March 11, 1927-New York City – Samuel Roxy Rothafel opened the famous Roxy Theatre in New York City. The showplace was indeed a palace. It cost $12,000,000 to build. Located at 153 West 50th Street between 6th and 7th Avenues, just off Times Square in New York Cit, it was a 5,920 seat movie theater and had a 18-feet by 22-feet movie screen.
Originally conceived by film producer Herbert Lubin in mid-1925 as the world’s largest and finest motion picture palace, Roxy was determined to make his theater the summit of his career and in it realize all of his theatrical design and production ideas. He worked with Chicago architect Walter W. Ahlschlager and decorator Harold Rambusch of Rambusch Decorating Company on every aspect of the theater’s design and furnishings.
Roxy’s lavish ideas and his many changes ran up costs dramatically. Shortly after the theater’s opening, Lubin, who was $2.5 million over budget and near bankruptcy, sold his controlling interest a week before the theater opened to movie mogul and theater owner William Fox for $5 million. The final cost of the theater was $12 million With Lubin’s exit, Roxy’s dreams of his own theater circuit also ended. Only one of the projected Roxy chain was built, the planned Roxy Midway Theatre on Broadway on the Upper West Side of Manhattan, also designed by Ahlschlager. Ahlschlager succeeded in creating an efficient plan for the Roxy’s irregular plot of land, which utilized every bit of space by featuring a diagonal auditorium plan with the stage in one corner of the lot. The Roxy’s stage, while very wide, was not very deep and had limited space off stage.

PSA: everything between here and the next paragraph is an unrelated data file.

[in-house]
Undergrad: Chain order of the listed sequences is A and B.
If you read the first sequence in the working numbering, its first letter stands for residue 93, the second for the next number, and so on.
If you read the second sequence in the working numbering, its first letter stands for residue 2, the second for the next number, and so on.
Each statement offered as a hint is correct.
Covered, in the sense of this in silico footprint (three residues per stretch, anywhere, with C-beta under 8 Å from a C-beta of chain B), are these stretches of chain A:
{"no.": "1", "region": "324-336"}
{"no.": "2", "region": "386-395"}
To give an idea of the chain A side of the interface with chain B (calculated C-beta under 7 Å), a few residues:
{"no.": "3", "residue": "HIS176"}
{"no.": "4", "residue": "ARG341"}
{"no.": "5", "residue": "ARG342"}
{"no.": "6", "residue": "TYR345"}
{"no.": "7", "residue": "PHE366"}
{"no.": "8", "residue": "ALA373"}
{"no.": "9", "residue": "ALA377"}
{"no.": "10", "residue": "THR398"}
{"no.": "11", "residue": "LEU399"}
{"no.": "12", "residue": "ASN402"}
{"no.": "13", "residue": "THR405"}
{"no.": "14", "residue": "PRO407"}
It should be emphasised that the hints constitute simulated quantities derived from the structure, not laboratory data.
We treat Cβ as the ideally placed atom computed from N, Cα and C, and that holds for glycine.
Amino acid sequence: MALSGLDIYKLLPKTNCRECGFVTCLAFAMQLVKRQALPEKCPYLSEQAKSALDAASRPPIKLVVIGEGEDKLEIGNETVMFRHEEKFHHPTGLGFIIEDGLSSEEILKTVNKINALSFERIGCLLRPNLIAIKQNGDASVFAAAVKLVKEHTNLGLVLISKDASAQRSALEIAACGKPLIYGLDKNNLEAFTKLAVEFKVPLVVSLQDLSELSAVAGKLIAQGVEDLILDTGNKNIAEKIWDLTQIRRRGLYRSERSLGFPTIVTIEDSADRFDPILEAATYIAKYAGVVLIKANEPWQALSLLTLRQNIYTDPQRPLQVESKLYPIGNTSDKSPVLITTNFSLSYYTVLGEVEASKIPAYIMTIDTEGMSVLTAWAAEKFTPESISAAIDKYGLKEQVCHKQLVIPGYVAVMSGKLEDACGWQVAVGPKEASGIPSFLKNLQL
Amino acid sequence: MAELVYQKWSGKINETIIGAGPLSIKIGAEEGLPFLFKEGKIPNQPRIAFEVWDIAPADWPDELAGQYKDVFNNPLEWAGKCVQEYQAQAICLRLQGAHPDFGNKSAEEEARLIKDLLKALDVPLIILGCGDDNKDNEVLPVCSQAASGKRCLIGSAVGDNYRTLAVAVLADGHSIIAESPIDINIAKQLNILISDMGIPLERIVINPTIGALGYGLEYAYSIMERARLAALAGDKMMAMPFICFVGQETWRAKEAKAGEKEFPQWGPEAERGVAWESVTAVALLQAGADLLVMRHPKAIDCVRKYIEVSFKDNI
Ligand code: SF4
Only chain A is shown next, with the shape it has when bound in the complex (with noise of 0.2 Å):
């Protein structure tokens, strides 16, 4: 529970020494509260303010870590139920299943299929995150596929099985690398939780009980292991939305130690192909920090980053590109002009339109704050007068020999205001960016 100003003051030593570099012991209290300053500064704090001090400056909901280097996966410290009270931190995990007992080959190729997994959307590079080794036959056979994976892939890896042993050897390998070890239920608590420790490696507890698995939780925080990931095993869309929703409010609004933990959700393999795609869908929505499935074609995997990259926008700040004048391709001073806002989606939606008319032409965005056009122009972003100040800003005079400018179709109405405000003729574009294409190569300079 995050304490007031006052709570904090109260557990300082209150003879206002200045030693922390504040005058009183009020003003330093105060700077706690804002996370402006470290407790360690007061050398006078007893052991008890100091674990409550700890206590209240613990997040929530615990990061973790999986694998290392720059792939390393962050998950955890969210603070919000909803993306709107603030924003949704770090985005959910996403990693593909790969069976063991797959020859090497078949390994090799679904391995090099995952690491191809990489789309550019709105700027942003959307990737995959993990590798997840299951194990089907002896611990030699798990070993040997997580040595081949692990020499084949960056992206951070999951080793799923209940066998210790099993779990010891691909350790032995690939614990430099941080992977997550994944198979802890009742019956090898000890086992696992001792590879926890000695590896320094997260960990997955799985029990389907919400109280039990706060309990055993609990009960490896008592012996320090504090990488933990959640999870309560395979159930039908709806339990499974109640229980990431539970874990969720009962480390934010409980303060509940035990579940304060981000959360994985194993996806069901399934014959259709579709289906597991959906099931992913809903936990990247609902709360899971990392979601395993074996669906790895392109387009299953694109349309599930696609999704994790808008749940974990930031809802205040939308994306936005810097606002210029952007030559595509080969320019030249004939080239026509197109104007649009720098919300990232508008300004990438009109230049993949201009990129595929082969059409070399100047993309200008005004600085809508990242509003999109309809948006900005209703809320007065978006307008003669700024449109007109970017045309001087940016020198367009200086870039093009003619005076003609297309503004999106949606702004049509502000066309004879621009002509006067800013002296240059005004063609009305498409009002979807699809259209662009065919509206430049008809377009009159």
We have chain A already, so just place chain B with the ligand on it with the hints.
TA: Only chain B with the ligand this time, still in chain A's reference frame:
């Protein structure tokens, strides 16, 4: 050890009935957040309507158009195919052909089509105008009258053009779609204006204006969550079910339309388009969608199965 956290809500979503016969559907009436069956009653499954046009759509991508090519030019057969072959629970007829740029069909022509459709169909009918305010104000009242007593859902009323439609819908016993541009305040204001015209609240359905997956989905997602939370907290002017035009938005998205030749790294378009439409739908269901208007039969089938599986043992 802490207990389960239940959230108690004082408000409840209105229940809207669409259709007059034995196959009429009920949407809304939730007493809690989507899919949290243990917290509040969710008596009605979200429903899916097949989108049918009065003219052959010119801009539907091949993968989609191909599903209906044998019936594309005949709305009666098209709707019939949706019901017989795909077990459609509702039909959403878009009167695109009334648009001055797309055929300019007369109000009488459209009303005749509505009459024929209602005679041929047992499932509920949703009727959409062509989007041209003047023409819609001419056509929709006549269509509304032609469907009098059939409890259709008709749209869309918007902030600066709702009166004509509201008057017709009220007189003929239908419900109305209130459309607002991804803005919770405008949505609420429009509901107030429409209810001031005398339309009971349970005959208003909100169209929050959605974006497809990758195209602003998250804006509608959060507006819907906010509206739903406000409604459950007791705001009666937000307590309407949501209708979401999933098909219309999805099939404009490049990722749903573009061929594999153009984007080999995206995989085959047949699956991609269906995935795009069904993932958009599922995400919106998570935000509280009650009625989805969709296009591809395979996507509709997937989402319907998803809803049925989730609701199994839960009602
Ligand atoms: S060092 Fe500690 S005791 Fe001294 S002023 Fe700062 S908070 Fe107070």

Despite the stage limitations, the theater boasted lavish support facilities including two stories of private dressing rooms, three floors of chorus dressing rooms, huge rehearsal rooms, a costume department, staff dry-cleaning and laundry rooms, a barber shop and hairdresser, a completely equipped infirmary, dining room, and a menagerie for show animals. The Roxy’s large staff enjoyed a cafeteria, gymnasium, billiard room, nap room, library and showers.
The Roxy presented major Hollywood films in programs that also included a 110-member symphony orchestra (the world’s largest permanent orchestra at that time), a solo theater pipe organ, a male chorus, a ballet company and a famous line of female precision dancers, the “Roxyettes”. The theater’s orchestra and performers were also featured in an NBC Radio program with Roxy himself as host. The Roxy Hour, was broadcast live weekly from the theater’s own radio studio. Thanks to Roxy’s radio popularity, his theater was known to radio listeners nationwide.
In spite of the theater’s fame and success, the financial problems of its majority owner, the Fox Film Corporation, destabilized the Roxy’s operations and it was often saddled with inferior films. In 1932, Rothafel left the theater named for him to open the new Radio City Music Hall and RKO Roxy theaters at Rockefeller Center.
Gloria Swanson was photographed on October 14, 1960 for Life Magazine by photographer Eliot Elisofon in the midst of the ruins during the theater’s demolition
The Roxy closed on March 29, 1960 after having been acquired by Rockefeller Center in 1956, and then sold to developer William Zeckendorf. Initially purchased to obtain air rights for the Time-Life Building, built to its east, it was finally demolished by Zeckendorf to expand the Taft Hotel and for an office building that is now connected to Time-Life.
1928 – Valerie French (Harrison) (actress: Jubal, The 27th Day; died Nov 3, 1990)
1935 – Nancy Kovack (actress: Diary of a Madman, Frankie and Johnny) 1935 – Nancy Kovack (actress: Diary of a Madman, Frankie and Johnny)
1948 – Dominique Sanda (Dominique Varaigne) (actress: Joseph, 1900, The Garden of the Finzi-Continis, The Conformist, A Gentle Woman)
1952 – Susan Richardson (actress: Eight is Enough)